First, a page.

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Sizemore greatly relieved left hand isn’t broken

SCOTTSDALE, Ariz. – Oakland second baseman Scott Sizemore walked into the A’s clubhouse Monday with his left hand heavily bandaged and carrying a packet of official-looking papers.

Good news or bad news? It turned out to be good. The papers were attached to X-rays that the club had Sizemore get on his left hand early Monday morning.

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Sizemore, A’s hope for the best after he’s hurt again

Talk about a guy who can’t catch a break.

Scott Sizemore is hoping that there is no break in his left hand after being hit by a pitch there in the third inning against Colorado Sunday.

He doesn’t need more time away from the game. Sizemore already lost a full season to ACL surgery last year, and as a result, he’s relegated to fighting for a job this year.

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Former A’s shortstop Walt Weiss finds surprising new home in Colorado dugout.

SCOTTSDALE, Ariz. – It was good to catch up for a minute with one of the A’s of an earlier era, Walt Weiss, the new manager of the Colorado Rockies.

Weiss was the shortstop on the 1988 A’s team when he became the third consecutive Oakland player to win Rookie of the Year honors, following in the wake of Jose Canseco (1986) and Mark McGwire (1987).

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Crisp’s neck warmer just a comfort issue

PHOENIX – A’s outfielder Coco Crisp frequently can be seen  around the Oakland clubhouse wearing something that looks like one of those horseshoe-shaped pillows designed for use on an airplane.

It’s not quite what it looks like, though. It’s a neck warmer.

Asked about it Saturday before the game at Phoenix Municipal Stadium against the Rockies, Crisp said it’s just something he likes and has nothing to do with the neck injury currently slowing him.

The switch hitter has some minor neck stiffness, sat out Thursday’s game and came out of Sunday’s game after one at-bat because manager Bob Melvin didn’t want him to have to swing right-handed because that exacerbated the discomfort Crisp was feeling.

In his first two at-bats Saturday he was able to bat lefty against right-handed pitching and came up with a single to right in the first inning and an infield chopper to second base that went for a hit in the third.

Melvin said he would wait and see how Crisp felt as the game went on if a left-handed pitcher was going to force the veteran outfielder to bat from the right side.

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Last of the starters to get a spring game, A’s Parker is playing it differently this time around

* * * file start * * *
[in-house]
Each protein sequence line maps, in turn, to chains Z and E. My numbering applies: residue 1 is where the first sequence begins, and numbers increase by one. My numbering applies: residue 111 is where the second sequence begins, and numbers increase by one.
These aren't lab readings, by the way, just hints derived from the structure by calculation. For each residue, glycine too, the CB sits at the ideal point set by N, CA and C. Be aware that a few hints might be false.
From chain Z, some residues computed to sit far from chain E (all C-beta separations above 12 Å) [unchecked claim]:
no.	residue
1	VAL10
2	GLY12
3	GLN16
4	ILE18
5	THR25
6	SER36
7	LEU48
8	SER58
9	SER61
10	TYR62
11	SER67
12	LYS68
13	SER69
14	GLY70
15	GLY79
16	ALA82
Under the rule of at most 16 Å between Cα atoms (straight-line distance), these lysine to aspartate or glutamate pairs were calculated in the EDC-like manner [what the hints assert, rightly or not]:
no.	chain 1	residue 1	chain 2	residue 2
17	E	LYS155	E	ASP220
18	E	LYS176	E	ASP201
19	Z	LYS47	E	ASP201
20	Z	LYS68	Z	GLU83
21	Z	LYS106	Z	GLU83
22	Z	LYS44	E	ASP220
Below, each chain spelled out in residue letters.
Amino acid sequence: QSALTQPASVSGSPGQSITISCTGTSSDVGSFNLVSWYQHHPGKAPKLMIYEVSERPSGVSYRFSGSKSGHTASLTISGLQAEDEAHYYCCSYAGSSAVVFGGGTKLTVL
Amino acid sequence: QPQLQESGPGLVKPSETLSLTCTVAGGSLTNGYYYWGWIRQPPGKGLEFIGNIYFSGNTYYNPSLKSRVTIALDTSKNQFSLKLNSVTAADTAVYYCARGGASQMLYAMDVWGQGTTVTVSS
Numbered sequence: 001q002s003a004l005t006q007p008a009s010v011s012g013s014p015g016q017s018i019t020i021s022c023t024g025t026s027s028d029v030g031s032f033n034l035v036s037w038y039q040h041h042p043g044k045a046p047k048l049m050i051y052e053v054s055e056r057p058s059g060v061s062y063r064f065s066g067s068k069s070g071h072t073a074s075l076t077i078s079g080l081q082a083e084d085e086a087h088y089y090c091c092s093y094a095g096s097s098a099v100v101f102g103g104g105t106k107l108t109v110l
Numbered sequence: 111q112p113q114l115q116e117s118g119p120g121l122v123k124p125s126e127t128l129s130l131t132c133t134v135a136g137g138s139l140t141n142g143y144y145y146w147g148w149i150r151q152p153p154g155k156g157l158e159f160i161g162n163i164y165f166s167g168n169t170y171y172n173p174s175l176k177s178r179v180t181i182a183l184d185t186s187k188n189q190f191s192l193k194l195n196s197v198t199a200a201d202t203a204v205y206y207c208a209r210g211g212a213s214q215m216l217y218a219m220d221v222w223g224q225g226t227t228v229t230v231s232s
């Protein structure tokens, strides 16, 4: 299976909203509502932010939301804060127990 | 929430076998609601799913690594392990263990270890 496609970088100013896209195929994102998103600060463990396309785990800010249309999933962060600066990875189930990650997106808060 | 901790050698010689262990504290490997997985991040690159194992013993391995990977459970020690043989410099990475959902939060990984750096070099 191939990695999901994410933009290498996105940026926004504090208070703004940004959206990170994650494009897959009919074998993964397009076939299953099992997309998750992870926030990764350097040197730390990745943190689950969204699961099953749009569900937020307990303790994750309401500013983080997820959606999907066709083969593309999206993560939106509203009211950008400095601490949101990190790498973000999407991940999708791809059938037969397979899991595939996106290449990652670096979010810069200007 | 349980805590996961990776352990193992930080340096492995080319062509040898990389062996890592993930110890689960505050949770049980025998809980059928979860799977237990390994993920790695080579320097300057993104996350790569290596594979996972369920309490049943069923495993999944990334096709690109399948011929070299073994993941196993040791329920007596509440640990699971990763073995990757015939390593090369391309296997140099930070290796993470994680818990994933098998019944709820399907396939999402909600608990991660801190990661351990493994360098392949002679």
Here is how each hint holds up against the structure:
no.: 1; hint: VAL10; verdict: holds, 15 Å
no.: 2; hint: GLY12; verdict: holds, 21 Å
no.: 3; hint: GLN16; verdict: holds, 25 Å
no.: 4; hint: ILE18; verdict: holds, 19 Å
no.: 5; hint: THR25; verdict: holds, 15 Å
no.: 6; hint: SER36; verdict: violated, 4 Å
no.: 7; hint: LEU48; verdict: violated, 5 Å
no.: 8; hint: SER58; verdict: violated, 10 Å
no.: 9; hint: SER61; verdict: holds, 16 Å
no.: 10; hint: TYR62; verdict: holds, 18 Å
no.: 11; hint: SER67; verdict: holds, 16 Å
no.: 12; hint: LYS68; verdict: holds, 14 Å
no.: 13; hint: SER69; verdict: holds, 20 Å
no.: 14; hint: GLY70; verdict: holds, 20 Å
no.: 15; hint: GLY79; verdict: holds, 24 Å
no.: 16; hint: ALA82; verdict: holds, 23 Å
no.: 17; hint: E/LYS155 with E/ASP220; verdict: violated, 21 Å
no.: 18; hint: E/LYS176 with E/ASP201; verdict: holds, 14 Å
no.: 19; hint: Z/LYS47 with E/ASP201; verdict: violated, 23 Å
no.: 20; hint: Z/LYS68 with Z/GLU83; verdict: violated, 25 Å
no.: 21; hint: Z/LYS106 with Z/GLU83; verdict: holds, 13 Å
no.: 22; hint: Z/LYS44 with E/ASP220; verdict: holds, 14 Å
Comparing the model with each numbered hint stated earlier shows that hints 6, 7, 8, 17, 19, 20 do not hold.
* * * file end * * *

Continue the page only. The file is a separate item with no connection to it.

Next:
PHOENIX – The A’s Jarrod Parker gets his first start of the spring Friday against San Francisco.

For Parker, who will be the last of Oakland’s six potential starting pitchers to get in a game, the start can’t come soon enough.

“I’m ready to go, really ready,’’ he said Thursday morning. “I’m anxious to get out on the mound again.’’

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A’s give Chris Young another day off

Sorry about the taeness of the blog post. We’ve had issues, too technical to get into, but technical enough that I couldn’t post until now. – -John

Here’s what you should have gotten 3 hours ago:

PHOENIX – Chris Young, who is supposed to be in the A’s outfield today against the Padres, won’t be.

Young, who came out of Sunday’s game against the Angels with a slight cramp in his right quad, is being given one more day of rest by manager Bob Melvin. Well, he’s not going to play in the game, anyway.

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Giambi back for one more run with Indians

The sun is mostly still shining on Jason Giambi

PHOENIX – The call didn’t come until February, but when it did come with an invitation to the Cleveland Indians’ spring training camp, it was right on time.

Longtime A’s first baseman Jason Giambi, who just turned 42, said yes when Cleveland called and is likely to be the part-time designated hitter and full-time mentor to the young corps of Indians hitters. He’s just fine with that.

“I’ll be out here until they tear the uniform off me,’’ Giambi said in the visitors’ dugout before Cleveland paid a Cactus League call on the Oakland A’s Monday.

“It’s a good opportunity to get some playing time, and they want me to mentor the young kids, which is something I’d been doing in Colorado anyway. And I love to play ball.’’

Giambi has known Cleveland manager Terry Francona since Francona was managing the Chicago White Sox Double-A Birmingham team on which one Michael Jordan was the star attraction in the mid-1990s. Giambi played for Huntsville at the same time.

“It started then and we really became friends when he was managing Boston and I was with the Yankees,’’ Giambi said. “Nothing’s guaranteed, but it would be great to play for him.’’

Giambi, who has 1,405 career RBIs and 429 homers, needs to have a decent spring to make the team, but Francona has said the opening is there if Giambi grabs it.

Down the line, Giambi is open to coaching or managing when he’s done playing.